Understanding and using components

Components are helpful tools that let you add some variation to your messages! πŸ› 

Adding variants to your messages is one of the easiest ways to build up your messaging library and ensure that you have the right message available for each of your individual users.

The tools Aampe uses to add variations are called "Components," and we offer six of them:


How to access Components

There are two ways to access Components:

1. Components appear when you highlight a section of text in the Header or the Body section in the Aampe Composer:

Composer drop down

2. You can set Message-level components in the "Audiences, Triggers, and Tags" box at the top of the message composer screen:

(Right between the Message Title and Header and Body boxes.)

See more info on each Component type below: πŸ‘‡

  • Your Greeting is how you grab your user's attention. It can be as simple as "Hey there! πŸ‘‹" or as specific as "😱Oh no! You left something in your cart! πŸ›’"

  • Quite simply, your Offerings are the different items or features you offer on your app.


Here are a few Offering examples:

For eCommerce or Streaming Media apps offerings are simple: They're the items you're selling on your app or the content in your library.

For non-eCommerce apps offerings can be the different features you offer within your app.

For example, a meditation app may have several Offerings including guided meditations, calming sounds, breathing exercises, and/or concentration-boosting music

Value Proposition
  • Your Value Propositions are the reasons why a particular user would be interested in one of your particular offerings.


Here are a few Value Proposition examples

If you're a Food Delivery app,

Your users might order food because they enjoy the taste or the experience. Alternatively, they may be motivated by the affordability or convenience of getting take-out. These are all valid Value Propositions.

If you're a Fitness app,

Your users might be more concerned with physical health or mental health, or they might be concerned with their appearance or growing their discipline.

...and this is obviously a non-exhaustive list!

Really spend some time here and think about why all of your different users engage with all of the different offerings or features of your app.

Don't rush this step! Collaborate with your team and make a list of all of the Value Propositions you can think of. This will come in handy in a later step.

  • Your Call to Action is how you encourage your user to action. Examples could include a simple command like "Tap here" or a more urgent CTA like "Get it before it's gone!"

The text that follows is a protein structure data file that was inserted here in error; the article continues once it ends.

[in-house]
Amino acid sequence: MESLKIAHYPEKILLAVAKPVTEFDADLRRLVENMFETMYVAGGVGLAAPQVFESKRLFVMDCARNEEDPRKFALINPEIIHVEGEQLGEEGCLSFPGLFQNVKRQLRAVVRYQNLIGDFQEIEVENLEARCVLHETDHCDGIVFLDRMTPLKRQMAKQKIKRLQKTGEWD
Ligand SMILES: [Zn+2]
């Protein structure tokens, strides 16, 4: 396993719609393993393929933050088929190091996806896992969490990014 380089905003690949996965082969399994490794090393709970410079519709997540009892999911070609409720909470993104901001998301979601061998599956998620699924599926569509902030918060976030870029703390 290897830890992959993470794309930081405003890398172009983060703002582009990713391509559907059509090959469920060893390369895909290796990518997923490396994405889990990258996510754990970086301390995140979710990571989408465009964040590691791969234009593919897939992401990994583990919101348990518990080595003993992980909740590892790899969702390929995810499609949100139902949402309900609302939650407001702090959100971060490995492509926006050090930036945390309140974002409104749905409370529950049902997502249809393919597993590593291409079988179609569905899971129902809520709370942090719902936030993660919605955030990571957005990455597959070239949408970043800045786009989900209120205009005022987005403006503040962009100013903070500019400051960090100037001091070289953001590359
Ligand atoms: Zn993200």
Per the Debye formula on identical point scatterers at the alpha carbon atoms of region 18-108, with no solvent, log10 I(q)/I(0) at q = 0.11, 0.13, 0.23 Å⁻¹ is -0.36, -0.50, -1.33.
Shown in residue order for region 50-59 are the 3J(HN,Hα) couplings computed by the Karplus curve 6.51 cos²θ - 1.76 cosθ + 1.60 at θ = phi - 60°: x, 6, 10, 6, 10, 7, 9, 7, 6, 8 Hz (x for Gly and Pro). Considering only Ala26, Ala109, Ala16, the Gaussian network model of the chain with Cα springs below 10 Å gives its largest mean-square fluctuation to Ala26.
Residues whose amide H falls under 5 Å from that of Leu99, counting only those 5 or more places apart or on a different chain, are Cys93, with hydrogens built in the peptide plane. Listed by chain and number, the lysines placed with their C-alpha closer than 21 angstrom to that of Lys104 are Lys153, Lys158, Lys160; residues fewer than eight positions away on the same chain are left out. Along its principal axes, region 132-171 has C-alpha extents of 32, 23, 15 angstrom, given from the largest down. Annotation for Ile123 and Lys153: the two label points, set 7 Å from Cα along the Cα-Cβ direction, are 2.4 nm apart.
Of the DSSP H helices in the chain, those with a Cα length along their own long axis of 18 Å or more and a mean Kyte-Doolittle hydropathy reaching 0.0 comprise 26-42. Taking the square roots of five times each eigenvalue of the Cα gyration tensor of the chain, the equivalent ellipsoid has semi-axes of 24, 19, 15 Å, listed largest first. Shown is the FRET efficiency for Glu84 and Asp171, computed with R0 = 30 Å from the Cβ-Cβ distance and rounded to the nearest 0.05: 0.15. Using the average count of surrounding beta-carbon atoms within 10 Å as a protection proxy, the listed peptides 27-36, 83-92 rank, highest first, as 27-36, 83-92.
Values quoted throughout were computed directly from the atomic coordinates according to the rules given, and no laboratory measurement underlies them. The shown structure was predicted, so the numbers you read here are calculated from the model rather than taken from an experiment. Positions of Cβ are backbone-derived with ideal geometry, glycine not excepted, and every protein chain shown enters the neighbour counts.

• Your Incentives are how you 'sweeten the deal' to help push your user over the finish line. These are typically things like "10% off!" or "Free delivery!"


Want to see a cool trick?

Here's a quick video showing how Aampe's AI Reinforcement Learning can find the right incentive for each user while maximizing your revenue!

  • The Other component is for adding variation to anything that doesn't fit into any of the other buckets. Most customers use the Other component to do things like experiment with different emojis.


NOTE: You don't need to use every component in a message

We made components to be tools to help you add variation...not to cause you stress. πŸ˜…

You don't have to use each component in every message. Just sprinkle 'em in where they make sense and they'll make it much easier to build a more complete library of messages much quicker.



While you don't need to use one of each component in a single message, you should avoid using more than one of each component type per message (e.g. using a Value Proposition in the Header and another Value Proposition in the Body).

Note: This also applies to Components used in the "Message labels" box. If you put a component here, don't use the same component type in the header or body!

First of all, this obfuscates learning ("Did a user click because the offering was affordable or because it was convenient?"). Secondly, our model only accounts for one of each Component type per message for learning. If you include more than one Component type per message, we won't be able to learn over both.

To be clear: including more than one of each component type in a message will not affect how the message appears to your users, but it will impede our ability to learn.

What’s Next

Now that you understand components, let's build a strategy for how to use them best!